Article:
North York General Hospital | Davies Enterprise Award

The HIMSS 2016 Davies Enterprise Award winner, North York General Hospital (NYGH) is one of Canada’s leading community academic hospitals that serves a culturally diverse communities of North Toronto. Known for its willingness to adopt innovative technology to promote the ideal patient experience, North York embarked on a project to transform their electronic health record system (EHR) from a HIMSS stage 2 to a HIMSS stage 6. The eCare project focuses on improving the quality and safety of care by the following:

  • Improving the prevention of nosocomial Venous Thromboembolism (VTE).
  • Reducing preventable inpatient death.
  • Reducing medication errors with closed-loop medication administration system.
  • Medication reconciliation that reduces risk of unintended medication discrepancies.

NYGH had a study conducted that revealed that only 17 percent of patients received appropriate prophylaxis in their Medicine program. They introduced an evidence-based strategy to successfully meet the challenge of sustainably improving their VTE prophylaxis rates.

NYGH expectation was that by introducing health information technology to daily patient care via eCare, they could integrate orders for evidence-based VTE prophylaxis into physician workflow and improve the prophylaxis rates. But to achieve optimal compliance, they also had to introduce real-time clinical decision support to directly impact physician decision-making at the point of care.

Since the implementation of eCare, in addition to increasing the appropriate VTE prophylaxis rate to 97%, NYGH prevented approximately 40 VTE cases, including deep venous thrombosis (DVT), pulmonary embolism (PE) and combined cases of DVT and PE. This represented a calculated VTE incidence reduction rate of 39.2%.

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The Canadian Institute for Health Information (CIHI) developed a metric that determines and compares the number of preventable deaths occurring in hospitals across Canada to improve on preventable adverse events. Mandatory measurement and reporting of Hospital Standardized Mortality Ratio (HSMR) is a means to track, compare and improve quality and safety of acute patient care across Canada.

The HSMR at NYGH was worse than the national average in several large clinical areas prior to implementing CPOE with eCare. NYGH overall HSMR score was 112 for inpatients admitted to the Medicine Program and for patients with a primary diagnosis of pneumonia or COPD exacerbation, the HSMR scores were 119.6 and 140.4, respectively. The goal was to improve those scores to be better than the national average which is under a 100, with the assistance of the advanced health information system and evidence-based we were implementing with eCare.

NYGH have calculated that their clinicians saved 31 lives from pneumonia and COPD exacerbation during the timeframe of their HSMR study. NYGH are convinced that they were able to save at least another 120 more lives from these tow disease groups alone, not to mention many more lives from other common conditions treated at the hospital every day.

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Adverse events from medication errors have been an alarming problem in North Toronto and across Canada for decades. The Canadian Adverse Events Study reviews cases from acute care hospitals across the country and found that 7.5% of those had an adverse event that harmed patients. The Study suggest that about 185,000 hospital admissions likely had an adverse event and of those adverse events about 45% were related to medication services.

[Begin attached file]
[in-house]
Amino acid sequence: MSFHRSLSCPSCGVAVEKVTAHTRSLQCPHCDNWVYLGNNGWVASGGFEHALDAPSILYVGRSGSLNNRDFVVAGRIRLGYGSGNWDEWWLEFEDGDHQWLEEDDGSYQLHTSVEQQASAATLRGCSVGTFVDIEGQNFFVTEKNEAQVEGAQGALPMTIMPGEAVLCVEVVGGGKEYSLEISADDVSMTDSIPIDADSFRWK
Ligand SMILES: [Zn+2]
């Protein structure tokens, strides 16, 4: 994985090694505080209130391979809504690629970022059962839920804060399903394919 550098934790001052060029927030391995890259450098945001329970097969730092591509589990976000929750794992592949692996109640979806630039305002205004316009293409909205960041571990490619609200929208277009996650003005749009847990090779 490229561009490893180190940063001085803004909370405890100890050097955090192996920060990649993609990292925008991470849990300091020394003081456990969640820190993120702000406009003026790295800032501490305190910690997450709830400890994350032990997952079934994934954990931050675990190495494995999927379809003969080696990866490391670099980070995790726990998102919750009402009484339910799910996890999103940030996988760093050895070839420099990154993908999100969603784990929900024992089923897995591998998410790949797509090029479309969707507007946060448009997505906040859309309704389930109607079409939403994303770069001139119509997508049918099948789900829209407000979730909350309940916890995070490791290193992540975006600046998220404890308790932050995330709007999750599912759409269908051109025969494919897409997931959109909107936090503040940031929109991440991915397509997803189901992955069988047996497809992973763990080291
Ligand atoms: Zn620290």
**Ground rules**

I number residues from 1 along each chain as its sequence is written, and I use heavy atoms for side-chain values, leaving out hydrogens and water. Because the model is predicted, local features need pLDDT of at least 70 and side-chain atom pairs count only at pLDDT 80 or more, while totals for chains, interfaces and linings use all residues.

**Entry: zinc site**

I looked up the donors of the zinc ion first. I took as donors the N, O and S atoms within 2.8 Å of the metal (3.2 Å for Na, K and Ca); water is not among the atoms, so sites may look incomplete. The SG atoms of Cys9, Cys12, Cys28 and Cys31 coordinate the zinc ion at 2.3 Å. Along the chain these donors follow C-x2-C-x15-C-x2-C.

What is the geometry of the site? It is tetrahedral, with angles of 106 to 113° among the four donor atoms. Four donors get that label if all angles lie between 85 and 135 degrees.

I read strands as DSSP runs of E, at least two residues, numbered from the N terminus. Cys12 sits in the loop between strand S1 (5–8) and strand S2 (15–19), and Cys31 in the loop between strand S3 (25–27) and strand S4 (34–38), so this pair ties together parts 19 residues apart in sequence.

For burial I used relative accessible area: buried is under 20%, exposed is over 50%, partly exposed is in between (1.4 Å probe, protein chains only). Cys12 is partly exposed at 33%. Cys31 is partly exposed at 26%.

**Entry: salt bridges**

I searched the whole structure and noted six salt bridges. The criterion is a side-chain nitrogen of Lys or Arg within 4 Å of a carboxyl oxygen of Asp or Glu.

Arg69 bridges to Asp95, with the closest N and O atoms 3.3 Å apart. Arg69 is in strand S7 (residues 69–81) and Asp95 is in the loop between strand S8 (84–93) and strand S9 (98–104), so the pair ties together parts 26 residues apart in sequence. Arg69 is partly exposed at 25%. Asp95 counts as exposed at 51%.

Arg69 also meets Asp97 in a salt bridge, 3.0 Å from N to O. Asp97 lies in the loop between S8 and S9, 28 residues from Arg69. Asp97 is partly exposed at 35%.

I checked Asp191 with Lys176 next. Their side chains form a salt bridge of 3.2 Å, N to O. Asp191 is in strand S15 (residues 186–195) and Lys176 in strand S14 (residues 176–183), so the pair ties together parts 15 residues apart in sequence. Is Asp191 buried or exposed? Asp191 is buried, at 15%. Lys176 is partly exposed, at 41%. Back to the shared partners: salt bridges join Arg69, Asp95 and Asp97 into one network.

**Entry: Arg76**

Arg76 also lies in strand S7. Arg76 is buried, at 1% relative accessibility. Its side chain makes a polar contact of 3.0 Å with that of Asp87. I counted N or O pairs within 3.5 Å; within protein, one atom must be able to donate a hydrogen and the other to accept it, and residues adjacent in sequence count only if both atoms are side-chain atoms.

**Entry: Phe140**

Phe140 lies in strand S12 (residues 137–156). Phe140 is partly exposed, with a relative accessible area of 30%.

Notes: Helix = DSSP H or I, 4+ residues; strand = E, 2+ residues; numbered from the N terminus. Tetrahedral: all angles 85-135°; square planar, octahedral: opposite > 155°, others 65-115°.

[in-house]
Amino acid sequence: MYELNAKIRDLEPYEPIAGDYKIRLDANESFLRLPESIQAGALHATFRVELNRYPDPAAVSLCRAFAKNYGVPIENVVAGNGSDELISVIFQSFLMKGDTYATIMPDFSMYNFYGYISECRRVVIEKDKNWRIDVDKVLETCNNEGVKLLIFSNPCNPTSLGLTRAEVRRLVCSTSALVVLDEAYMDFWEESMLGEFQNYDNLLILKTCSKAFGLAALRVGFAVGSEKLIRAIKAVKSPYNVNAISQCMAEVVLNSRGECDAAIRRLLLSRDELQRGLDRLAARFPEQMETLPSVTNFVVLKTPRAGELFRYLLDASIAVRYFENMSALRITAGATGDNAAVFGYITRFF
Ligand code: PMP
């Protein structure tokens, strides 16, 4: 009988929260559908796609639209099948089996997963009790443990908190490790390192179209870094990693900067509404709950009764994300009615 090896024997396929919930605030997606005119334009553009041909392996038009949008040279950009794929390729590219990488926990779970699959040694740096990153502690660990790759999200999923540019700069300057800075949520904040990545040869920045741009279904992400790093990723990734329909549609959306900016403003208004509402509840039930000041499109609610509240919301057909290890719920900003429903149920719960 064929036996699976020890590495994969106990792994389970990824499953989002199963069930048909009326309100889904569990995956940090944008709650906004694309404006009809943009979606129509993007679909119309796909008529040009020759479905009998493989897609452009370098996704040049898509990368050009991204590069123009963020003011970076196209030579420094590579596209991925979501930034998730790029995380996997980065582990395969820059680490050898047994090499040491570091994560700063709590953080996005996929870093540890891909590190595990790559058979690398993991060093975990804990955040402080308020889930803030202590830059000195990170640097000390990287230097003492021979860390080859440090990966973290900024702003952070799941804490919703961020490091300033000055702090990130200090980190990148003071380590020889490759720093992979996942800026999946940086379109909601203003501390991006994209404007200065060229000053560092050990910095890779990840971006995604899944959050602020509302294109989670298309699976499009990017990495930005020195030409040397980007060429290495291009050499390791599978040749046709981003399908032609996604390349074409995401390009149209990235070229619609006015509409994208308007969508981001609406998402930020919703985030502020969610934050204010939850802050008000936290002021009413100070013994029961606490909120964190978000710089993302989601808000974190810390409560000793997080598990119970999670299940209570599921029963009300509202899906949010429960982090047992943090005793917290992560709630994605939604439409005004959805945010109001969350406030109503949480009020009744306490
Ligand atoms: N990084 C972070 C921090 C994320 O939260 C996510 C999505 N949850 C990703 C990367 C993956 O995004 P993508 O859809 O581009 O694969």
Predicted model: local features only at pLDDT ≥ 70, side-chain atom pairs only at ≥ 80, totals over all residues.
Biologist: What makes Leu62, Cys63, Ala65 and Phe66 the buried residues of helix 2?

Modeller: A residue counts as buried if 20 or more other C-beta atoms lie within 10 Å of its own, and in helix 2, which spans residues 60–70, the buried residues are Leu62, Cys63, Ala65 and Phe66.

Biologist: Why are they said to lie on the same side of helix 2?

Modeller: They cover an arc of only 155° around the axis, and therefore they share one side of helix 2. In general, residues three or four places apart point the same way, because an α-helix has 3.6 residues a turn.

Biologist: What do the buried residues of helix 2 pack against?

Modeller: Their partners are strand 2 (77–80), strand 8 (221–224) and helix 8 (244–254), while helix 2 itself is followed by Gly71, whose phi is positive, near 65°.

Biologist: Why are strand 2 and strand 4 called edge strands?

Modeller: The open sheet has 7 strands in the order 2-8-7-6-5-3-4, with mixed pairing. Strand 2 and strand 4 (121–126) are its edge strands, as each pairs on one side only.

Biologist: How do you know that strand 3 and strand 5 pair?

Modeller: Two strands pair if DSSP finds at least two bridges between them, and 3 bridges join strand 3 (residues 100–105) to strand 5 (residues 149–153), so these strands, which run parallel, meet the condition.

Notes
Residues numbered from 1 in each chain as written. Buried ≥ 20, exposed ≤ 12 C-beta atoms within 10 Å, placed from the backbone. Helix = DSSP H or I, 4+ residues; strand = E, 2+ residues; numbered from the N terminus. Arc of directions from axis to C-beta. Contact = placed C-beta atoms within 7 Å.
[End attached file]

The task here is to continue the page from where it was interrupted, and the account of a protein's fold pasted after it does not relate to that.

NYGH had approximately 2,100 admissions with harmful adverse events with approximately relating to medication services. One of NYGH first eCare initiatives was to redesign their medication administration process. Prior to eCare, the medication process left a lot of room for error, with 39 percent of errors occurring with medication prescribing and 38 percent occurring with medication administration.

NYGH designed a new workflow to solve that problem by implementing a closed-looped medication administration (CLMA).  CLMA eliminates manual entry and fires an alert if a medication about to be administered does not match the drug, dose, route, timing and/or intended patient indicated in the active orders on the electronic chart.

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Reconciling medications at transition points of care is intended to eliminate errors related to medications being omitted, duplicated or incorrectly ordered. Electronic tools for medication reconciliation can streamline the process by eliminating duplicate entry, and pulling forward documented home medications to align them with inpatient medication orders, facilitating clinical review, reconciliation and order processes.

NYGH saw a key opportunity to leverage health information technology to improve its organizational performance in this key quality and safety measure, by integrating efficient electronic medication reconciliation processes into clinician workflow.

NYGH made a significant improvement between pre-CPOE compliance rates, where only 7 to 9% of medical patients had paper-based medication reconciliation to compliance rates immediately post implementation of eCare , where 45% on admission, and 70% on discharge.

NYGH avoided $31 million in costs from averted adverse drug events, as a result of progressively improving adoption of electronic medication reconciliation via eCare.

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